Tune the drums and make sure they are in top condition. Get new heads if needed.

    Get a good drummer to play the stuff for you. It´ll not only get a better tone, but also guarantee that the hits are \"compatible\" with the rest of your music.

    Do a smaller test first with a relatively small number of samples, so you know the sampler you´re using before you make anything big.

    I´ll type more when I think of anything. Take care and good luck!


    Mats

  6. #6
    Senior Member Bruce A. Richardson's Avatar
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    Re: I\'m sampling a drumkit. Need advice please.

    Originally posted by unconscious sound:
    Hi. I will soon be sampling a friend\'s drumkit. It is a custom kit made locally. Only the toms and kick drum were custom built. I need to record this right, and am wondering if anyone here has some expert advice on how to do this properly. Here is my gearlist for recording...

    Rode NT4 stereo mic
    Core-Sound.com MIC2496 portable stereo mic pre
    Creative Nomad Jukebox 3
    <font size=\"2\" face=\"Verdana, Arial\">Well, you can stop right there. \"I need to record this right\" and \"here is my gearlist\" do not match up.

    Go to a local studio that gets a great drum sound, and spend an afternoon\'s blockout (probably only a couple hundred bucks) to record there. That way, you get an engineer that knows how to record drums, and a real gear list. That rig you\'re describing is like a concert-taper rig--it is not suitable for your application. Otherwise you are really wasting your time. I have an NT-4, and love it. But it is not a drum microphone--you could use it as an overhead in an overall array, but even then it would not be anywhere on the list of mics one would normally pick for the application.

    I\'m not trying to be uppity about this. I\'m just saying if you\'re going to spend the time and mind-numbing repetitive motion of mapping a 16-layer drumset, spend just a little money on your session and get something you can actually work with when it\'s over.

  7. #7

    Re: I\'m sampling a drumkit. Need advice please.

    Hi everyone. Thanks for all the responses! I\'m basically stuc with what gear I have. I probably will not be making a library to sell, since it will not compete well with the quality of other drum libraries out there.

    If I do get another mic, or mics, what mics should I get for each drum piece? I have heard that the Shure SM57 is a great mic.

    If I use multiple mic positions, I\'ll have to use mono mics, and send the signals to my mic pre, since it only has one stereo mic input. From there, I could split the left and right channels of each recording into seperate mono tracks. (Left channel would be the close mic, right channel would be the overhead).

    Does the Rode NT4 not handle drum transients well? I know it\'sa little bit on the dull side. The top end has -6dB. That doesn\'t concern me too much though. This project is mainly for my own use, so if the quality of the recordings is not up to snuff, I will not bother mapping everything out.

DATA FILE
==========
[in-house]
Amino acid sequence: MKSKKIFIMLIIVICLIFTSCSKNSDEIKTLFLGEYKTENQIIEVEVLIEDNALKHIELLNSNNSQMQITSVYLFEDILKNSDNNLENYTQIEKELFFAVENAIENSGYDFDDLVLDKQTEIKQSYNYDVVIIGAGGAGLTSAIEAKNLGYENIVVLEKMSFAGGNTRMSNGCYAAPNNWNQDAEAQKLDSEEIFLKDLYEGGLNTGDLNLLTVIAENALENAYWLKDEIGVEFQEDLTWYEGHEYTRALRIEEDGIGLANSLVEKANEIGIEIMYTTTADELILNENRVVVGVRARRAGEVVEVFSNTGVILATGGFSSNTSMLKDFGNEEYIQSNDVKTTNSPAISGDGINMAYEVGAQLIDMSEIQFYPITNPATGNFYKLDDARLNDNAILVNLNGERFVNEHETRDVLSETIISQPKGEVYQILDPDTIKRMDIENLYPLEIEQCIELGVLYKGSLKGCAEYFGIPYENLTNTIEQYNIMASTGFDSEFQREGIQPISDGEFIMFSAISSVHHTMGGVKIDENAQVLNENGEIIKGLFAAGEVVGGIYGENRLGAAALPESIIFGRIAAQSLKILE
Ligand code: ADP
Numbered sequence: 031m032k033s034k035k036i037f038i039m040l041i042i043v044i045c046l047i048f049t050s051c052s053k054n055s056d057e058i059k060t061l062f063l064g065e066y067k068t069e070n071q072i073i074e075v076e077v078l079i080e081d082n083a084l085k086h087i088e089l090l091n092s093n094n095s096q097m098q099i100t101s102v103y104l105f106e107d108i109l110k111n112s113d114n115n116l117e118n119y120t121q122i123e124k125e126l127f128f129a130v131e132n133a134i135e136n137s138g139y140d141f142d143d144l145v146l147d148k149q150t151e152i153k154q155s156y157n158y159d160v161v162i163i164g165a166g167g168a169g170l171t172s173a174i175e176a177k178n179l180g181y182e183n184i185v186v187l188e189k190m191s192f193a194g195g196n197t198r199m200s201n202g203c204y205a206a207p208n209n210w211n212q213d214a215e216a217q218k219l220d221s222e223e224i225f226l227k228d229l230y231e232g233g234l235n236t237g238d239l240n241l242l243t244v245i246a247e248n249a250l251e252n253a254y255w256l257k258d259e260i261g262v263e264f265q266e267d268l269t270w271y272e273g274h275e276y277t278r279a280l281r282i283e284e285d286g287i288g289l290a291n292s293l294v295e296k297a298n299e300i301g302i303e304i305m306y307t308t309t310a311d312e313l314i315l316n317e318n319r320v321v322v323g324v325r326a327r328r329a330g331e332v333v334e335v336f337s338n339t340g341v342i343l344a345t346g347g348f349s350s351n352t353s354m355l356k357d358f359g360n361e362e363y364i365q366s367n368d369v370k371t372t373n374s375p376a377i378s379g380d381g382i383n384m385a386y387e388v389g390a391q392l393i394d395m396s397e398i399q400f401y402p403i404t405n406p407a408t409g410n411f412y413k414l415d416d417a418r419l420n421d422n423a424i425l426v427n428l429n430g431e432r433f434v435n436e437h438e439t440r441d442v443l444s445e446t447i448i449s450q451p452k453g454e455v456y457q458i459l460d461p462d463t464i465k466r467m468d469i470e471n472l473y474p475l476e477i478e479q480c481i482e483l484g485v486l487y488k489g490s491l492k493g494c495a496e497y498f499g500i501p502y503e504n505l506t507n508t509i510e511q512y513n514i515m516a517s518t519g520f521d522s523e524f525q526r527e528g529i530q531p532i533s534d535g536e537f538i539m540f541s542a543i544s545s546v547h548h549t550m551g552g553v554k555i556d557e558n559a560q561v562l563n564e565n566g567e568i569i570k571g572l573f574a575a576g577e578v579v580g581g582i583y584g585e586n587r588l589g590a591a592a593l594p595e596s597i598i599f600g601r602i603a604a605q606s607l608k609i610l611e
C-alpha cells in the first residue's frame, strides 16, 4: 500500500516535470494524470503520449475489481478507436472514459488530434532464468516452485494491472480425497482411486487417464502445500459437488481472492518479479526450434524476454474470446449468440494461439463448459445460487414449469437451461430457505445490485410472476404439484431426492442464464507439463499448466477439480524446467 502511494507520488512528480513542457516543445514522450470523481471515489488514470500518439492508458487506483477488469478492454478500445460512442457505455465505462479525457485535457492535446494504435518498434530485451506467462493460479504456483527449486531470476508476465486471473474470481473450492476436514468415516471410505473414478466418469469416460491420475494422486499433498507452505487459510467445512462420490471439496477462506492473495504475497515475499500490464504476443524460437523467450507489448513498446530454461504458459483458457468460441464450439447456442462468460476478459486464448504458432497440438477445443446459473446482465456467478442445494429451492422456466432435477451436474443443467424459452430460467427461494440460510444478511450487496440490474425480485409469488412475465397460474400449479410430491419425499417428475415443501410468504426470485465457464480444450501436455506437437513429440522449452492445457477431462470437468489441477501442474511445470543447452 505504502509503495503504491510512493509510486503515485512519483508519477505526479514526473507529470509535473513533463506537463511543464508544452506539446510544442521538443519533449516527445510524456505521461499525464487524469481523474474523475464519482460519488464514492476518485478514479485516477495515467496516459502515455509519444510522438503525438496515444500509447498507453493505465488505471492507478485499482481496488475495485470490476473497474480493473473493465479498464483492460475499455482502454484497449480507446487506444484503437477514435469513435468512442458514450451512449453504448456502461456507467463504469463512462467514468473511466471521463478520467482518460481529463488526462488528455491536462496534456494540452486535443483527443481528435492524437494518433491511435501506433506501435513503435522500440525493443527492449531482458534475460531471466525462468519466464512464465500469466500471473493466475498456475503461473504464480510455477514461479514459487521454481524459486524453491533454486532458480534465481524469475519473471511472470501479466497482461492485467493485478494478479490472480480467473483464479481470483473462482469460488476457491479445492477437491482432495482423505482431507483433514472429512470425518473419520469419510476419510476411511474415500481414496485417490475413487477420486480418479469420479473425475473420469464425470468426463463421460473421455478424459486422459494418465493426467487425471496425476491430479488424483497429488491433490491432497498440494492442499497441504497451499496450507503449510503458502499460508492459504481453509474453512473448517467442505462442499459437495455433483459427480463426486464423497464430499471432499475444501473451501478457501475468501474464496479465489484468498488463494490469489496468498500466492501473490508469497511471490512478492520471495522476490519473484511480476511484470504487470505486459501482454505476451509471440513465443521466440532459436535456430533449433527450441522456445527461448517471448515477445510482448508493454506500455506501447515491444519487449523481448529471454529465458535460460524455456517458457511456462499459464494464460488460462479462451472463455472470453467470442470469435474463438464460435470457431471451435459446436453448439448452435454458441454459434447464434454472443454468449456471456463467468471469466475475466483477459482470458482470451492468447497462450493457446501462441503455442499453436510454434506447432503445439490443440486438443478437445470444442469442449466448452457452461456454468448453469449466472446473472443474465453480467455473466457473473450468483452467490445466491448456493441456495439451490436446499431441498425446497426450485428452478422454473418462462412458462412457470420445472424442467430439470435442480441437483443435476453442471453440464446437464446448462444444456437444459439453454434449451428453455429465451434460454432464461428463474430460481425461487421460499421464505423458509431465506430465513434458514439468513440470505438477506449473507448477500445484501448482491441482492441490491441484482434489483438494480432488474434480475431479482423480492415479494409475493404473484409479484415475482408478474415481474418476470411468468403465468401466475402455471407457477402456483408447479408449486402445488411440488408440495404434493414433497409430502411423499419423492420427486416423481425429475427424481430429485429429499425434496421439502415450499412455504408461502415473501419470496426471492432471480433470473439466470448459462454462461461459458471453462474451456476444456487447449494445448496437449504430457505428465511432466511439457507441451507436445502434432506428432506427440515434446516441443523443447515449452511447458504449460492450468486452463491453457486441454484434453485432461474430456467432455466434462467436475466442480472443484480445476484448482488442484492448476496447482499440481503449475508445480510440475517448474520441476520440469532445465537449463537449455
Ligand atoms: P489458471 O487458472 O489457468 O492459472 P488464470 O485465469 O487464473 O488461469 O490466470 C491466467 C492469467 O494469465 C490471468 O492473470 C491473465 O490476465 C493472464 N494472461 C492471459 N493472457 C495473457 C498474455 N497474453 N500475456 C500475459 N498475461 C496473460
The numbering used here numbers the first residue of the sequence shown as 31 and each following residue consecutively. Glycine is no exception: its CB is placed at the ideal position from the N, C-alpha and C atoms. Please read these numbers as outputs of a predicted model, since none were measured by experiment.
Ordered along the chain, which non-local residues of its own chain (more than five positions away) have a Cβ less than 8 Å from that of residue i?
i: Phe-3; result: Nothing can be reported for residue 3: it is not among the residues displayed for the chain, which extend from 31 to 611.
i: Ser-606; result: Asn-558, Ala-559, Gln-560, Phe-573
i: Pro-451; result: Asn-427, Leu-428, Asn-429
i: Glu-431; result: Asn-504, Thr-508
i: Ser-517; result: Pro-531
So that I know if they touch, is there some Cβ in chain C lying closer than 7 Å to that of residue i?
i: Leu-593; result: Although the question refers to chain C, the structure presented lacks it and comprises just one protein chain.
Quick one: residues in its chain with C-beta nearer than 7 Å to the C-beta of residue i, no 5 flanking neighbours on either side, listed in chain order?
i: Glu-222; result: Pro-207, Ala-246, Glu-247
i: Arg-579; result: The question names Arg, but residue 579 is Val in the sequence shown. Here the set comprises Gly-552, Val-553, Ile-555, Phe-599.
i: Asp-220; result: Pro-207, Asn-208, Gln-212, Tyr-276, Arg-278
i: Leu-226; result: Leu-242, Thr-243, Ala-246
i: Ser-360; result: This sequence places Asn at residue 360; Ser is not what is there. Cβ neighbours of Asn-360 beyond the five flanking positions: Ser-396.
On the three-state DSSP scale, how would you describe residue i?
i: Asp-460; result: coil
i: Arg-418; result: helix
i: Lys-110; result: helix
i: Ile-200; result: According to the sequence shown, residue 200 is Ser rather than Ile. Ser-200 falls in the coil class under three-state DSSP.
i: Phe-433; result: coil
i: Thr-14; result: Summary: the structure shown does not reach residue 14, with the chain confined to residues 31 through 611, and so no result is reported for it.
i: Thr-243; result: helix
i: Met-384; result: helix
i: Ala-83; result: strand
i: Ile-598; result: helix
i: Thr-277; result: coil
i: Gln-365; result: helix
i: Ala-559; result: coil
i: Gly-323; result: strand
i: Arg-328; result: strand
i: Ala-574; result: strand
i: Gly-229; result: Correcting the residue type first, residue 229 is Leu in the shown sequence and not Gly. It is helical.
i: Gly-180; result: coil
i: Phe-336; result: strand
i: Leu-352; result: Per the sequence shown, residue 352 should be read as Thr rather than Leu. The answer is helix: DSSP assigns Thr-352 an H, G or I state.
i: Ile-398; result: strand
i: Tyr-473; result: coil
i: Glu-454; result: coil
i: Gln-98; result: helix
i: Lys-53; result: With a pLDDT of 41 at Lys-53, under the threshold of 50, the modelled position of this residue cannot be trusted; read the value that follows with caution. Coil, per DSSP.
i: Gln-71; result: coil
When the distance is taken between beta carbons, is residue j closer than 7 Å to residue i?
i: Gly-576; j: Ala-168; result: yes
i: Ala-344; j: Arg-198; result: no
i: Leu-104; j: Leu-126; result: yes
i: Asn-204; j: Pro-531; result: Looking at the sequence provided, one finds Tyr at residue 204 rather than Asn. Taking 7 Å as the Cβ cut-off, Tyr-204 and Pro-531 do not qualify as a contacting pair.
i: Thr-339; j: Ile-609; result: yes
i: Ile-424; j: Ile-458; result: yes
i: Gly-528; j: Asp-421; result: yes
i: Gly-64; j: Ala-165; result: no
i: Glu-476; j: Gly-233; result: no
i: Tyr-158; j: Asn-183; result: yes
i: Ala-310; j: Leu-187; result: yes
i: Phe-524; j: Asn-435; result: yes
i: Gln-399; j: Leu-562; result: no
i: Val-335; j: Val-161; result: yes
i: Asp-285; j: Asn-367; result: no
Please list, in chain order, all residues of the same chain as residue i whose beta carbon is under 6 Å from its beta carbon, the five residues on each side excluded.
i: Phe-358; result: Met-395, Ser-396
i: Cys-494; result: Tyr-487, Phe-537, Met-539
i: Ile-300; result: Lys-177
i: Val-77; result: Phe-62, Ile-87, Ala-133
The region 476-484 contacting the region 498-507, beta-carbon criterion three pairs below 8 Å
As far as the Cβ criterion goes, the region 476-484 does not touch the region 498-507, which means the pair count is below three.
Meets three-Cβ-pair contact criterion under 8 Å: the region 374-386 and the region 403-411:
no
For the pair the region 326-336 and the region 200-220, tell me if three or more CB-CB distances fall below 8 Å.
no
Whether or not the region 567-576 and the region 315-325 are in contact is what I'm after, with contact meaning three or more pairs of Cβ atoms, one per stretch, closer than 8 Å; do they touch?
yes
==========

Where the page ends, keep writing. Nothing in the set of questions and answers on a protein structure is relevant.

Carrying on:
I will record all of the FFF samples as close to clipping as possible, especially since it is all going to 16 bit, with little room between clipping and the noise floor. The mic pre is pretty quiet, I think. You can take a look at it here. www.core-sound.com They began shipping them out last week, so mine should arrive sometime this week. Let me know what you all think about this preamp.

    Thanks again for all of the input!

  8. #8
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    Re: I\'m sampling a drumkit. Need advice please.

    You\'ve got to use really expensive ribbon mics on the snare and kick if you want it to sound right! [img]images/icons/rolleyes.gif[/img]


    pause
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    What? Can\'t you guys take a joke? [img]graemlins/tounge_images/icons/smile.gif[/img] But seriously \"DO NOT!!!\" do that, unless you don\'t like the
    mics (and want to break them)! I which case sell them to me (for cheap)! [img]images/icons/wink.gif[/img]


    My real advice is to ask any friends you have if you can borrow some drum mics. The \"mic\" you
    have is a little bit like trying to record vocals with a kick mic (i.e. all mics are different, and some
    mics are useless for a given application). Perhaps you could buy one of those \"drum mic packs\"
    that they sell as a complete solution. I\'m guessing it\'s cheaper than piecing it out, as well it\'s
    probably 10x better than what you\'ve got.


    If worse comes to worse spend $79 on a SM-57... it\'s not the best solution but it\'s one mic that
    \"could\" work on everything (for cheap!). That is a last resort though. Remember, you want to be
    able to actually \"use\" the samples you worked so hard to record! [img]images/icons/grin.gif[/img]

    Good luck!

  9. #9

    Re: I\'m sampling a drumkit. Need advice please.

    Yeah, we\'ll see and hear how the test recordings come out. If my HR624\'s don\'t give me some nice lowend on the kick, I won\'t bother with it, unless some EQ tricks can do something for me. But doing that would not be nearly as good as getting the right mic for the job. I figured the NT4 wouldn\'t be one of the best solutions, but I\'ll know for sure once I try everything out. I\'ll keep you informed with my progress in the months ahead.

    Later

  10. #10

    Re: I\'m sampling a drumkit. Need advice please.

    If you want to capture an excellent recoding of your kit, mic everything, set the levels and leave it there and do not move any mics once you start recording. The noise that the \"other\" mics pick up well be the thing that keeps the drums sounding real and natural.